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Broken Cisterns, Part 1
BROKEN CISTERNS, #1
By William Finck © 2006
We in Israel Identity who understand the importance of racial purity read passages such as those found in Jeremiah 2 and Ezekiel 16 and understand that the prophets are describing not only religious apostasy, but also fornication, which is race-mixing: sexual intercourse with other kinds (Jude 7, fornication is the pursuit of strange, or different, flesh). Yet “mainstream” sects, all of which are generally universalist now, and even many who claim to be Israel Identity but are universalists – such as Stephen Jones and Dave Barley – would have us believe that these chapters aren’t about sex at all, but rather about “spiritual” fornication or “spiritual” adultery and have only “religious” significance. What some of these don’t understand or fail to investigate, while others surely know but won’t admit, who seem to purposely conceal the truth – is that many of the ancient pagan religious cults are all about sex – and especially the cults of Baal and Ashtaroth! Once we see that sex was a primary component of these cults, we can comprehend fully just what Jeremiah and Ezekiel are saying when they say things such as:
“For of old time I have broken thy yoke, and burst thy bands; and thou saidst, I will not transgress; when upon every high hill and under every green tree thou wanderest, playing the harlot. Yet I had planted thee a noble vine, wholly a right seed: how then art thou turned into the degenerate plant of a strange vine unto me? For though thou wash thee with nitre, and take thee much soap, yet thine iniquity is marked before me, saith Yahweh Elohim. How canst thou say, I am not polluted, I have not gone after Baalim? see thy way in the valley, know what thou hast done: thou art a swift dromedary traversing her ways; A wild ass used to the wilderness, that snuffeth up the wind at her pleasure; in her occasion who can turn her away? all they that seek her will not weary themselves; in her month they shall find her. Withhold thy foot from being unshod, and thy throat from thirst: but thou saidst, There is no hope: no; for I have loved strangers, and after them will I go.” (Jer. 2:20-25) And also:
“But thou didst trust in thine own beauty, and playedst the harlot because of thy renown, and pouredst out thy fornications on every one that passed by; his it was. And of thy garments thou didst take, and deckedst thy high places with divers colours, and playedst the harlot thereupon: the like things shall not come, neither shall it be so ... Thou hast built thy high place at every head of the way, and hast made thy beauty to be abhorred, and hast opened thy feet to every one that passed by, and multiplied thy whoredoms. Thou hast also committed fornication with the Egyptians thy neighbours, great of flesh; and hast increased thy whoredoms, to provoke me to anger.” (Ezek. 16:15-16, 25-26).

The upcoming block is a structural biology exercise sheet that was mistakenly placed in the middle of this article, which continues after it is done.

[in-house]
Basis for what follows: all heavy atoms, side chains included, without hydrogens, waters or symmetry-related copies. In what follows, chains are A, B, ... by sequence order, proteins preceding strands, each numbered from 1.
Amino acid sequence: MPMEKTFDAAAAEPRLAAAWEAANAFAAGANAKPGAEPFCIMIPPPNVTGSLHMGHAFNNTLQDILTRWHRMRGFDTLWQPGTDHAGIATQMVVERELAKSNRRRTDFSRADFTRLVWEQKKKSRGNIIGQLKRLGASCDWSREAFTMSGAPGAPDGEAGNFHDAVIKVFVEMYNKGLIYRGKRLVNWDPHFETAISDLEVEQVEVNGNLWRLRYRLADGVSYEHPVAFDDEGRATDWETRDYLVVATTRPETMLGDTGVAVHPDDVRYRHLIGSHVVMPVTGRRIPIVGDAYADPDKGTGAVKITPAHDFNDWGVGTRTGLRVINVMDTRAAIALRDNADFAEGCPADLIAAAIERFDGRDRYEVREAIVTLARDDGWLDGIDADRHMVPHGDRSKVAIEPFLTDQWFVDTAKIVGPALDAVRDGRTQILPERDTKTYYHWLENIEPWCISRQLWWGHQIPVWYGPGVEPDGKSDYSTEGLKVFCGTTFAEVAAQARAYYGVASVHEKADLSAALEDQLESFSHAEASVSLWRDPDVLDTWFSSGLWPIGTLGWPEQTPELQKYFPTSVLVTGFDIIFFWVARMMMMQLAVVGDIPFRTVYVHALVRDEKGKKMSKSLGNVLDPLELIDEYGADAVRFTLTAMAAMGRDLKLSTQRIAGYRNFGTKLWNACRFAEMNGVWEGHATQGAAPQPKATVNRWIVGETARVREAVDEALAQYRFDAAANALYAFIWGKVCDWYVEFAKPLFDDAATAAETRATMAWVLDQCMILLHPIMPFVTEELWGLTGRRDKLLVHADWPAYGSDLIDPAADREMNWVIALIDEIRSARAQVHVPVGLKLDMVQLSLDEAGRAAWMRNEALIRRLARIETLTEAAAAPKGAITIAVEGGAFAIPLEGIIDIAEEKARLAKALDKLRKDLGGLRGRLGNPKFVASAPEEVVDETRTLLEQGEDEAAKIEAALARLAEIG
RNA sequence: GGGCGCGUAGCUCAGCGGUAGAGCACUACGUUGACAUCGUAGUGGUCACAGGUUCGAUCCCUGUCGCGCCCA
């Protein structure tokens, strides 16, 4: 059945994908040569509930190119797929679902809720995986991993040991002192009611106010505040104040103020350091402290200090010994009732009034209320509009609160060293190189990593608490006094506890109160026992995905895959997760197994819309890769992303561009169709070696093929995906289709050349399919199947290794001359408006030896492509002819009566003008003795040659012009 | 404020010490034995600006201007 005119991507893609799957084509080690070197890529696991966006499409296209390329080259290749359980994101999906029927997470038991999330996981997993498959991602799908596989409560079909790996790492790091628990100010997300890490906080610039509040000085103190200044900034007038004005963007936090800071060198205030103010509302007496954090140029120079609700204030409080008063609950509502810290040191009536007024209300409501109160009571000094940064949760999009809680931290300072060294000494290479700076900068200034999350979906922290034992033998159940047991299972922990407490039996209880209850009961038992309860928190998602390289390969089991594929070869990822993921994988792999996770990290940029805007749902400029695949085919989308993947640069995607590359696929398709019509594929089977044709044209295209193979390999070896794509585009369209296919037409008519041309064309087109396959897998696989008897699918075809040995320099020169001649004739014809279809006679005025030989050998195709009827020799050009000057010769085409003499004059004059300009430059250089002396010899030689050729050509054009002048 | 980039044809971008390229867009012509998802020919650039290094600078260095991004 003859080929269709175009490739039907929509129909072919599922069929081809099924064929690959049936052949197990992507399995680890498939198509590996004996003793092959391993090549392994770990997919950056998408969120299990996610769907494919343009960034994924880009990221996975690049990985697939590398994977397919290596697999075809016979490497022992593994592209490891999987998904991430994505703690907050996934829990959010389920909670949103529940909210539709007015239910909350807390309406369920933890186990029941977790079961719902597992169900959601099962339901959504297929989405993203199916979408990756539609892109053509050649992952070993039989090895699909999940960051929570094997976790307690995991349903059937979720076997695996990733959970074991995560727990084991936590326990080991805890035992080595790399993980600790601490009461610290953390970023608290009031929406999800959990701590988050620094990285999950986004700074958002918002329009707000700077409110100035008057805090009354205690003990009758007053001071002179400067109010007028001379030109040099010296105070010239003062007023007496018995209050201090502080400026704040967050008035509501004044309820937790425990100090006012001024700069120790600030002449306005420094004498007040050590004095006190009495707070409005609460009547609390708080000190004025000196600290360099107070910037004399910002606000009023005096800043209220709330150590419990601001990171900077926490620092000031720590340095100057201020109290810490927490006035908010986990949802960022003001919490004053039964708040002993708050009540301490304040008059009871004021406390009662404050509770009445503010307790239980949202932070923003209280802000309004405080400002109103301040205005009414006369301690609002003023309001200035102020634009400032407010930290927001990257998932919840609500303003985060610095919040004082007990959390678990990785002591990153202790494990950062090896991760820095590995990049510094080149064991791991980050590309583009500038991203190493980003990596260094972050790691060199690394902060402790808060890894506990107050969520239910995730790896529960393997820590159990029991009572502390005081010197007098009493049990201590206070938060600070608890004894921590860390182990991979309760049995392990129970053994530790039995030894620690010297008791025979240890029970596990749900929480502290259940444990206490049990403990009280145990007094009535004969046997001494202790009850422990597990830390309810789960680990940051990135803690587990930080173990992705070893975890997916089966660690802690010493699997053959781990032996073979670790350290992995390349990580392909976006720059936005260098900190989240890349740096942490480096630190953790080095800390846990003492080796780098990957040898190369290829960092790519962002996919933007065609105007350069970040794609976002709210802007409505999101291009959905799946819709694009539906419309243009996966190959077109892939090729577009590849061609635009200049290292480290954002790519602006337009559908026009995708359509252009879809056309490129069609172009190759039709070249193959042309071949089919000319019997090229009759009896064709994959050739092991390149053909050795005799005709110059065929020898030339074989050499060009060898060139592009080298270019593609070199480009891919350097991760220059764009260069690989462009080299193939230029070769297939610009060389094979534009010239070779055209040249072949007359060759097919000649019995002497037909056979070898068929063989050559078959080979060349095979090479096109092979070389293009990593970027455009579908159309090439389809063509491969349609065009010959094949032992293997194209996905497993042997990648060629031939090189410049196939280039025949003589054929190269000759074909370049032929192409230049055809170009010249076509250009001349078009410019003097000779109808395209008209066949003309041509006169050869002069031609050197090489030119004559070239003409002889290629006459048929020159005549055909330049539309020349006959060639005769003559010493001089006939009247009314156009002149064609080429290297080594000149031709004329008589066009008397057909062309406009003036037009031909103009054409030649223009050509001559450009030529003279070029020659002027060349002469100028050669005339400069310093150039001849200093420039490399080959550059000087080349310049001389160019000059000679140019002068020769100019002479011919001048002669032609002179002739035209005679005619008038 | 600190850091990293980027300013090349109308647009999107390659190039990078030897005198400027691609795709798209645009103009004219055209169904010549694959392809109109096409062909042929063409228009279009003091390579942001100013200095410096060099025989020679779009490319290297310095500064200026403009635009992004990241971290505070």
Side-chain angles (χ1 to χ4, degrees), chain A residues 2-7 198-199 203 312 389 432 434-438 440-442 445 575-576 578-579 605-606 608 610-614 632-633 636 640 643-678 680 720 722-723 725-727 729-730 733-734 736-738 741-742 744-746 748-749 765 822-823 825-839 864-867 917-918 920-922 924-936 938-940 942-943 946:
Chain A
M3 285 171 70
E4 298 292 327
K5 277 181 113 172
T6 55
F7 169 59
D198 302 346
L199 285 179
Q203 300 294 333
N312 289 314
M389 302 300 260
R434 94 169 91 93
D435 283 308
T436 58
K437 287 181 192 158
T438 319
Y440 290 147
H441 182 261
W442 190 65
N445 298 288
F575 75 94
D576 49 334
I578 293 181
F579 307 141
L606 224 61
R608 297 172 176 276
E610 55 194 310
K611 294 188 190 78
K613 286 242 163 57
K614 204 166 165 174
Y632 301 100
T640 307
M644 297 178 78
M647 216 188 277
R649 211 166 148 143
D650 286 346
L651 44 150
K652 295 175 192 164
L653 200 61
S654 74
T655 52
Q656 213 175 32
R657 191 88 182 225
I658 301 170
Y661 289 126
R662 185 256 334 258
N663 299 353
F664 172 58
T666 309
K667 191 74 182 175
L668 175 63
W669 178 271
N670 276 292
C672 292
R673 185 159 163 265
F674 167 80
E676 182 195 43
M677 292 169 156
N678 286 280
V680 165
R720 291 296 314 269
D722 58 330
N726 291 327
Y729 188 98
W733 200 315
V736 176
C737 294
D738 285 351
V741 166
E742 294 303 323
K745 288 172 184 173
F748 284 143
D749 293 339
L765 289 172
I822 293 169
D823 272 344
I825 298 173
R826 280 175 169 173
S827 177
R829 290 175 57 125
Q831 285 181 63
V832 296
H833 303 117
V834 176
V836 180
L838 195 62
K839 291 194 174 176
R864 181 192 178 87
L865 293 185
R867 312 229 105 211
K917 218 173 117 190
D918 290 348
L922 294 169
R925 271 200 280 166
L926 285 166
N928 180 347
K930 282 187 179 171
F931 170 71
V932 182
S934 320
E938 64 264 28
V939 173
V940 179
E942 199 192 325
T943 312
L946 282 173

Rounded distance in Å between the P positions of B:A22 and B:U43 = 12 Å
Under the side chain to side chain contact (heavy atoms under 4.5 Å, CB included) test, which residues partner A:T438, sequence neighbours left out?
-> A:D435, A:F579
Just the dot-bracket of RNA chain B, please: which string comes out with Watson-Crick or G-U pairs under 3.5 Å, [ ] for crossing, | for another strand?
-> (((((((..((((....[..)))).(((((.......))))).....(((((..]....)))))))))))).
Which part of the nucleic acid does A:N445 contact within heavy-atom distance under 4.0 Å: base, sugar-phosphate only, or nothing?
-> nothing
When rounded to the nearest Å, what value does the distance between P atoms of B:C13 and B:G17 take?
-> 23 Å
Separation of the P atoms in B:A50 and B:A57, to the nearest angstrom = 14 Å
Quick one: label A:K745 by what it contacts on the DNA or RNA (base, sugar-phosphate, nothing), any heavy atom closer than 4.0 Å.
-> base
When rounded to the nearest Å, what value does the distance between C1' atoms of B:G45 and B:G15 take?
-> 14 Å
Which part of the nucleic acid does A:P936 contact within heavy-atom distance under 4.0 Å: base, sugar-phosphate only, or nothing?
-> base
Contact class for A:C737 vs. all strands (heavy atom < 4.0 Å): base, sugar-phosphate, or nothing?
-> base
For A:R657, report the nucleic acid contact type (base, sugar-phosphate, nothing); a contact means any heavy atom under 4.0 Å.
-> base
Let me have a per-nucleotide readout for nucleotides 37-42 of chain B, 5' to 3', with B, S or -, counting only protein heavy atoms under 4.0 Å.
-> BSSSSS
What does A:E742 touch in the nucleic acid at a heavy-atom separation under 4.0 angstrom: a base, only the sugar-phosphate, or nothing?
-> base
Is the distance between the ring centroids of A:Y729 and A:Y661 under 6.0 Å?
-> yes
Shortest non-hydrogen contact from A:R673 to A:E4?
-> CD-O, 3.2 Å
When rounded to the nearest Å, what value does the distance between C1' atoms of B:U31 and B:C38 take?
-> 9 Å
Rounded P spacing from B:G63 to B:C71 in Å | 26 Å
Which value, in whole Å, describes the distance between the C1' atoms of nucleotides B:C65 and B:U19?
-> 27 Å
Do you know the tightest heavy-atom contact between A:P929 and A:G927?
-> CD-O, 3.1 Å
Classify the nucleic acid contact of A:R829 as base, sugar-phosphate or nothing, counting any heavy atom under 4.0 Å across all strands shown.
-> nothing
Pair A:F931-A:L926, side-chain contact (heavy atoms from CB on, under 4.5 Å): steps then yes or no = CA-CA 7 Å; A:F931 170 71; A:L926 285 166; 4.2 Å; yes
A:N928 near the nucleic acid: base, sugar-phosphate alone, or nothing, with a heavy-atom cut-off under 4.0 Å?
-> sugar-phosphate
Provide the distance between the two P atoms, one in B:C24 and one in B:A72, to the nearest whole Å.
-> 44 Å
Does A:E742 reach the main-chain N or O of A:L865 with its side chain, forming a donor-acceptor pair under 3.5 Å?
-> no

Herodotus writes of Bel, or Baal, whom the Greeks equated with their Zeus, and the “sacred precinct” of that idol in Babylon: “On the topmost tower there is a spacious temple, and inside the temple stands a couch of unusual size, richly adorned, with a golden table by its side. There is no statue of any kind set up in the place, nor is the chamber occupied of nights by any one but a single native woman, who, as the Chaldaeans, the priests of this god, affirm, is chosen for himself by the deity out of all the women of the land.” (1:181, G. Rawlinson’s translation). The historian goes on to relate an identical practice in Thebes in Egypt in the temple of “Theban Zeus”, or Ammon (1:182).
Now it should be common sense to most men, Christian and otherwise, that Bel (Baal) himself certainly did not appear each night to some woman in this temple. Even Herodotus said of this “... but I for my part do not credit it – that the god comes down in person ...” (1:182), much to his credit. But evidently some man must have entered into these chambers. And quite possibly someone pretending to be Bel. Tertullian, the 2nd century defender of the Christian faith writes: “Then if I add – and the conscience of every man of you will recognize it as readily – if I add that in the temples adulteries are arranged, that between the altars the pander’s trade is plied, that, quite commonly, in the very vestries of temple-keeper and priest, under those same holy fillets, crowns and purple garments, while the incense burns, lust is gratified ...” (Apology 15:7, Loeb Library edition).
Baal is mentioned several times in Judges and in Samuel along with another pagan deity, the goddess Ashtaroth (see Judges 2:13; 10:6; 1 Samuel 7:3, 4; 12:10 and also 1 Kings 11:5, 33 and 2 Kings 23:13). Herodotus called the temple of Ashtaroth (often called Astartê in secular literature, compare 1 Sam. 31:10 with Josephus’ Antiquities, 6:14:8 [6:374]) in Ashkelon the temple of “celestial Aphroditê”, as Astartê was called Aphroditê by the Greeks, and Ishtar by the Babylonians, although Herodotus uses an Assyrian name discussing the idol: